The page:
The death has been announced of David Bowie, one of the giants of music who first found fame in the 1970s. It has been revealed that he had been living with cancer for 18 months.
The shock is all the greater as his illness had not been made public – and also because the public had been wrong-footed by the release of his latest album just days ago. Fans who thought this was heralding another burst of life and creative energy now realise it was his swansong.
Those who were not teenagers in the 1970s may struggle to comprehend why Bowie was such a legend: there is no one classic song that younger generations have recycled as their own. However, the fact that his songs are so hard to cover is the mark of the man and his music: it was unique to him, all very personal artistic impressions.
Bowie’s contribution to the 1970s was to use glam rock not as something to define him but as a platform for greater creativity, for exploring the self without boundaries – in music but also by bringing a revolutionary understanding that there was a visual side to pop music too. His androgyny stood out in a decade which called itself boundary-breaking but was still not ready to discard traditional attitudes to sexuality. He was comfortable in his own skin – even if others were disturbed by it. He casually put his arm round guitarist Mick Ronson on stage and he released “Let’s Dance” a memorable duet with Mick Jagger, and an even more memorable video – two acts which were subversive at the time and opened the door for later artists to be true to their own sexuality in public.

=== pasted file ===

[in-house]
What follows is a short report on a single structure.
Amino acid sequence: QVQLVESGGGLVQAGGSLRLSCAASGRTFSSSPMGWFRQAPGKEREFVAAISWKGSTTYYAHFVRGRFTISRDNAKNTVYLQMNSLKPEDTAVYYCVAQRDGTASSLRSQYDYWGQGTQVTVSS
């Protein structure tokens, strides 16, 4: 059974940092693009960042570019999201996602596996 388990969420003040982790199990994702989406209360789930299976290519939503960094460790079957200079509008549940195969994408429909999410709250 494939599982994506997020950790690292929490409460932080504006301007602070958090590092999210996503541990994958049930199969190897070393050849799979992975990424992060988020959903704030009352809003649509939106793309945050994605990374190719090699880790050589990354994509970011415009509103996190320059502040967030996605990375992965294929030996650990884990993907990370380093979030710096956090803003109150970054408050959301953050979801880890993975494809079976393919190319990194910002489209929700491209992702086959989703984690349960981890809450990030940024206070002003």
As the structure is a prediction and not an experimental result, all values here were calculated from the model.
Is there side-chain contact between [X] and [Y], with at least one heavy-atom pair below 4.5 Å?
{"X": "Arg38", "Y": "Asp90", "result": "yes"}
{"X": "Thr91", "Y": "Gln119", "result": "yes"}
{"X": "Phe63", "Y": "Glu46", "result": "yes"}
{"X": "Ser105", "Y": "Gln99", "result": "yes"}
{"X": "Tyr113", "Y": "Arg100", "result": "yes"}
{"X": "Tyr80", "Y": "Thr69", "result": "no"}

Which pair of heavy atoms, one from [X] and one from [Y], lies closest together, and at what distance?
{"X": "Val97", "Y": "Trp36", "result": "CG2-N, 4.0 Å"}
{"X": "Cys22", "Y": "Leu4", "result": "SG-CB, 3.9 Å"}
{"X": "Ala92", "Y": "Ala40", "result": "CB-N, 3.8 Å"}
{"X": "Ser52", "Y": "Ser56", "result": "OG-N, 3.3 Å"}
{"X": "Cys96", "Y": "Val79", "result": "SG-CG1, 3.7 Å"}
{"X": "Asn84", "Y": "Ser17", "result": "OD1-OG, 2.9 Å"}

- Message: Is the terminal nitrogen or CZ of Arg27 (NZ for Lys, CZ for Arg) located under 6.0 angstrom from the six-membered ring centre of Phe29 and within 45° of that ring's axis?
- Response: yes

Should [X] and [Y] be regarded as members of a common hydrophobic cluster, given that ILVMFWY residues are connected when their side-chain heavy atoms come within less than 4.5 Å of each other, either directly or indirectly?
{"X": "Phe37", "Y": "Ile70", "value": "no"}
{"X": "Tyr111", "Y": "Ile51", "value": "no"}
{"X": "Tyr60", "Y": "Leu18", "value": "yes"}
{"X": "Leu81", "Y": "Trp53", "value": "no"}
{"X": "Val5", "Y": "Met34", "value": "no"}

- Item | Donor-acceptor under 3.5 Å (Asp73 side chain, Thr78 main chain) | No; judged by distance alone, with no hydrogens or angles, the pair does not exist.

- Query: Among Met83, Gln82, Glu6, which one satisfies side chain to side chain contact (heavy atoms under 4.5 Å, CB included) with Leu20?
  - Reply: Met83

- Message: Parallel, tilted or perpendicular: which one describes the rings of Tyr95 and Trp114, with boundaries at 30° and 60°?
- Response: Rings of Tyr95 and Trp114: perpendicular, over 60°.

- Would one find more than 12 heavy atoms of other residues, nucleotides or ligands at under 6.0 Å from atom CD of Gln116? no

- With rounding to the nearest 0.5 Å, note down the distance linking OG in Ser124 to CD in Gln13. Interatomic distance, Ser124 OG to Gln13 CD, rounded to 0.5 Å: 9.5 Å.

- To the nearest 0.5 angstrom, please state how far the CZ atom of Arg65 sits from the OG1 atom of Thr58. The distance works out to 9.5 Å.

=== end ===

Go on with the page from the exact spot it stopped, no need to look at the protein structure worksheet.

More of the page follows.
Having created Ziggy Stardust, a stage persona which epitomised the challenges he was prepared to make to what was possible on stage, he discarded Ziggy and went off to find new creative challenges – which he did, a further proof that he would not be bound by music industry norms.
David Bowie opened doors: not only are musicians of today lining up to pay tribute, but people from all walks of life are speaking out about the effect he had on them when they were growing up in the 70s. That generation is now realising, with shock, that it is mortal. His music lives on – in the tracks that the younger generation may now hear as his passing is marked in the media, and in the influence he has had on countless subsequent artists too.